Decemvirs (Lat. decemviri, ten men), the title of several bodies of magistrates in ancient Eome. The decemviri legibus scribendis, appointed to digest a written code of laws, were first elected in 451 B. C. The tribune 0. Teren-tius (or Terentillus) Arsa, after' a violent exhibition of the grievances of the plebeians and the usurpations of the patricians, about 460 proposed the appointment of ten commissioners to digest a regular body of laws which should be binding alike upon every citizen. This compromise between the two orders was accomplished after nine years of continued struggle. An embassy was sent to Greece to obtain information concerning the laws of the different states, and particularly concerning those of Solon; and after its return ten distinguished patricians were appointed for a year, with supreme power, to frame the new laws. They entered upon their work with zeal and diligence, and exercised their power with justice, impartiality, and moderation, each presiding in turn day by day, and he only using the fasces. The new laws, engraved on ten tables of brass, were placed in the forum and sanctioned by general acclamation, as well as by the sacred rites of the augurs.
But two additional tables being required, a new decemvirate was elected for the next year, in which the patrician Appius Claudius managed to be reelected, and to introduce a few plebeian members. He thus became the favorite of the people, while aiming to become their master. The laws were completed, and afterward known under the name of " laws of the twelve tables," and were admired for their wisdom, which, according to Cicero, surpassed that of all the books of philosophy. But now the decemvirs changed their conduct, exercised their power over all classes with oppressive rigor, and by terror maintained themselves in office after the expiration of their term. The attempted rape of Virginia by Appius Claudius, under the guise of a public judgment, and the killing of the virgin by her own father to save her honor, brought about the overthrow of this decemvirate. - The decemviri litibus judicandis were a judicial magistracy, established at an uncertain date. Their authority extended over matters relating to persons and taxable property, and they had the management of the subhastationes.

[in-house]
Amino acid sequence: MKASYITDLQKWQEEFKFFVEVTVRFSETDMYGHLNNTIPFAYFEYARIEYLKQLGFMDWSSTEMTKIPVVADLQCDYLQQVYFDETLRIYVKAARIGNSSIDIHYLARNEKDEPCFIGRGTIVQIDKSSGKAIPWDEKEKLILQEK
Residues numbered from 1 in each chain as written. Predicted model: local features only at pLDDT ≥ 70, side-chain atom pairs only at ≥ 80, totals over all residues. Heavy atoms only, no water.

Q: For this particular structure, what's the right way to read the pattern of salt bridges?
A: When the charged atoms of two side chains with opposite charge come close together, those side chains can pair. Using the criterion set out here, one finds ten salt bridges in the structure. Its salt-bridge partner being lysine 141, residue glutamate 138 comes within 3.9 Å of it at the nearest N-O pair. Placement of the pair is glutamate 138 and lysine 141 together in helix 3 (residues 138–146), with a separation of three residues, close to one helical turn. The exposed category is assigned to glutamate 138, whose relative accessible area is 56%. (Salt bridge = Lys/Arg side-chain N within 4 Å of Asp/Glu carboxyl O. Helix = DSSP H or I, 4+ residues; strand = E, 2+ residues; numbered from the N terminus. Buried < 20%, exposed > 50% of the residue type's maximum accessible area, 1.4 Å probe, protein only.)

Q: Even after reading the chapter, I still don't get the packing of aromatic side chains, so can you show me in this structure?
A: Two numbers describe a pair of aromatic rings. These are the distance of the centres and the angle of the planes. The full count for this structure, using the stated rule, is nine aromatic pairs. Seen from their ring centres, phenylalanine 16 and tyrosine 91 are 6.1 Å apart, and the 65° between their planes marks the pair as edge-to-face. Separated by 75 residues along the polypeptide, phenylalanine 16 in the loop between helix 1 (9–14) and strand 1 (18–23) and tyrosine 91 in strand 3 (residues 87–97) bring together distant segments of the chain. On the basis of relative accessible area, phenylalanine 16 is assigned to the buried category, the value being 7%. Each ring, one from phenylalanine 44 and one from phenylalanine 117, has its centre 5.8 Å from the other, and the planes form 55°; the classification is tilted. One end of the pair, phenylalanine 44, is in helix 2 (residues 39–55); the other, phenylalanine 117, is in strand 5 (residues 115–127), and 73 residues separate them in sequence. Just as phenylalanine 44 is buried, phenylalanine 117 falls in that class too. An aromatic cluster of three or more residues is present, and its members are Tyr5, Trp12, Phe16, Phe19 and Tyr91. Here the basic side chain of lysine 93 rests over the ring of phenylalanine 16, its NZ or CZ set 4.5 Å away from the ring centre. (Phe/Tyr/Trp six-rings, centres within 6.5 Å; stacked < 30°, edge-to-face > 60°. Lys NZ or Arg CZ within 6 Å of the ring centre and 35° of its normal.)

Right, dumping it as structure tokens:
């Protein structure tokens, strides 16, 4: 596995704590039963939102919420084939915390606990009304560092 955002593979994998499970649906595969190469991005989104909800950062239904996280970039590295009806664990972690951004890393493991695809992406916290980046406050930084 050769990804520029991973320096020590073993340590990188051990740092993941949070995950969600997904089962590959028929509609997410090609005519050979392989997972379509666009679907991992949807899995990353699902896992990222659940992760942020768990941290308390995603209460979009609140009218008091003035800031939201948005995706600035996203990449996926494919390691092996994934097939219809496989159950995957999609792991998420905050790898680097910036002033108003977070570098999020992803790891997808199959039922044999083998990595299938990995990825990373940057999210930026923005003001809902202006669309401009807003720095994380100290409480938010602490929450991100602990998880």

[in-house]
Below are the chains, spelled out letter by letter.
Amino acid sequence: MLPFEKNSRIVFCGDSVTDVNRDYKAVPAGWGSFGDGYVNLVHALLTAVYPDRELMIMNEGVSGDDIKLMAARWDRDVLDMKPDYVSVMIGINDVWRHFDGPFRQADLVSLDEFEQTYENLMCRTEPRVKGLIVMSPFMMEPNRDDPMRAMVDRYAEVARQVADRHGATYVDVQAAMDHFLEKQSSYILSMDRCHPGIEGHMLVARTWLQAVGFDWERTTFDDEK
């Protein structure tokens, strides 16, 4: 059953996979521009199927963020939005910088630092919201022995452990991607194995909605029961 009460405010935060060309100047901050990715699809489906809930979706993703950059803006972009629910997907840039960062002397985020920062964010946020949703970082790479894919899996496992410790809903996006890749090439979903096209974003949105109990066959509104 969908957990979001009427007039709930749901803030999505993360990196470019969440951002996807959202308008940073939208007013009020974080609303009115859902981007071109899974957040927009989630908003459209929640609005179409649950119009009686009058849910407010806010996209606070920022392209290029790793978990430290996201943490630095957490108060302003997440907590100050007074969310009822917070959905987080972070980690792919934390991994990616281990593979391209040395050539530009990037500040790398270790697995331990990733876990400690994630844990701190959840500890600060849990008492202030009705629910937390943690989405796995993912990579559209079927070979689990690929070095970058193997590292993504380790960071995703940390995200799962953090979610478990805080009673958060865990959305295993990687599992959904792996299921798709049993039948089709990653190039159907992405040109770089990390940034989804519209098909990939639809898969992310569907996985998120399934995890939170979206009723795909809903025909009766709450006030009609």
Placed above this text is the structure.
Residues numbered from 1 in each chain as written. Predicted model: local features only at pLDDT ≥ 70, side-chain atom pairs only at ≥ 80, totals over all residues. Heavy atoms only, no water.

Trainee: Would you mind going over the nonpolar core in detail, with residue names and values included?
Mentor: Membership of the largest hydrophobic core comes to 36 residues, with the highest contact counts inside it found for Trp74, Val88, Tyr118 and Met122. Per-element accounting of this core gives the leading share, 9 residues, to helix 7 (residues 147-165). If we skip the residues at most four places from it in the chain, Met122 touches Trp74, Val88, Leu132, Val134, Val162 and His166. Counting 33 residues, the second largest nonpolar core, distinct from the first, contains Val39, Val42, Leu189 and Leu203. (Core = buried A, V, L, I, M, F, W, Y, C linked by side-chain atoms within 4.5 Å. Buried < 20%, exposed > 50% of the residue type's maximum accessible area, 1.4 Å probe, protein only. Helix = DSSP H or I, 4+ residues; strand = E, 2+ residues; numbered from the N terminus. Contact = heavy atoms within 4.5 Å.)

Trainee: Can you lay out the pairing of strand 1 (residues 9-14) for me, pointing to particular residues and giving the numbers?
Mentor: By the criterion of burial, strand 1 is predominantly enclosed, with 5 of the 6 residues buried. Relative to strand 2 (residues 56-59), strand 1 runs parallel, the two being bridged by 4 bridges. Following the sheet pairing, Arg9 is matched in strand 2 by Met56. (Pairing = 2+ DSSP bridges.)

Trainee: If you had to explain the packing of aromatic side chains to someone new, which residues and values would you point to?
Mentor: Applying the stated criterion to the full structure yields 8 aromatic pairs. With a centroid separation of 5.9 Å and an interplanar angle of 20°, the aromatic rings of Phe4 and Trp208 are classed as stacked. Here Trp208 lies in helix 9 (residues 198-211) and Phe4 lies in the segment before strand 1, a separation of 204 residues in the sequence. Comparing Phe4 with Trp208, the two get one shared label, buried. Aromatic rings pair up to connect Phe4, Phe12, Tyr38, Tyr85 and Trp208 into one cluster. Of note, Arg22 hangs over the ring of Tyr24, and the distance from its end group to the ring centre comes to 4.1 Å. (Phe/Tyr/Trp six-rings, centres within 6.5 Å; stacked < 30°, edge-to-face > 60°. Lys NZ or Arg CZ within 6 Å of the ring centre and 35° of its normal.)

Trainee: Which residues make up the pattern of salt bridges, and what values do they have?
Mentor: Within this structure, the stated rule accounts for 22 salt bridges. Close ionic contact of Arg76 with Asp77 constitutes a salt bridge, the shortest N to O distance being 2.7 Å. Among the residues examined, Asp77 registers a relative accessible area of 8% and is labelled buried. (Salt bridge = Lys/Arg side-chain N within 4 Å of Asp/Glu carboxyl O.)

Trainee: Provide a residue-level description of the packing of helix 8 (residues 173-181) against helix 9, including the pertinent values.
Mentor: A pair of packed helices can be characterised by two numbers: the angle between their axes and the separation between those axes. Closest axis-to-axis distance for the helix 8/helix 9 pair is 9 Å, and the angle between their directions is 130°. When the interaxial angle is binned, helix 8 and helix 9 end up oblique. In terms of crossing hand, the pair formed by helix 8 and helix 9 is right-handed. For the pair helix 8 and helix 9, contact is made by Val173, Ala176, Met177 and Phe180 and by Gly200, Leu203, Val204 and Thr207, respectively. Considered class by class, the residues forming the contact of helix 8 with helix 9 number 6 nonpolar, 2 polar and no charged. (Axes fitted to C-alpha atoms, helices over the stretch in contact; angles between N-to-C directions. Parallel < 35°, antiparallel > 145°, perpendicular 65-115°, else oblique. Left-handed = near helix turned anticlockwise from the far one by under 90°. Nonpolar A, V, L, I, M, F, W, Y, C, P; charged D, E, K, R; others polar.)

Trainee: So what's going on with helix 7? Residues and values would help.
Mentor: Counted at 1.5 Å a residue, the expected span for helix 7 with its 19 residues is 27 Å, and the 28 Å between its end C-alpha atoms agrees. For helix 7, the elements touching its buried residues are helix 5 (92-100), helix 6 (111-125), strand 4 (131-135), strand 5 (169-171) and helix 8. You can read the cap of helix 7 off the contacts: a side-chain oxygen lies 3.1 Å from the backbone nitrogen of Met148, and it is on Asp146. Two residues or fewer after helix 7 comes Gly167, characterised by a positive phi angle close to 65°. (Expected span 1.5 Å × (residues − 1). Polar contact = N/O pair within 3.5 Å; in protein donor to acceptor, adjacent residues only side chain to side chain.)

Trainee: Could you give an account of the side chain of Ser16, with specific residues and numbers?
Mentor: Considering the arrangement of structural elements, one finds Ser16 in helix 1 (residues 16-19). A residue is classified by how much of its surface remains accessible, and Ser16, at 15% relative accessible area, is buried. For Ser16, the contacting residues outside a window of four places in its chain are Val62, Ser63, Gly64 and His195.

Under the emperors they were the presidents of the centum viral court. - The decemviri sacrisfaci-undis (or more briefly sacrorum) were a college of priests for the interpretation of the Sibylline books, established about 368 B. C, instead of the ancient patrician duumviri; they were chosen for life, partly from the patrician, partly from the plebeian order, and had the management of the Apollinian and secular games. At a later period their number was increased, probably by Sulla, to 15.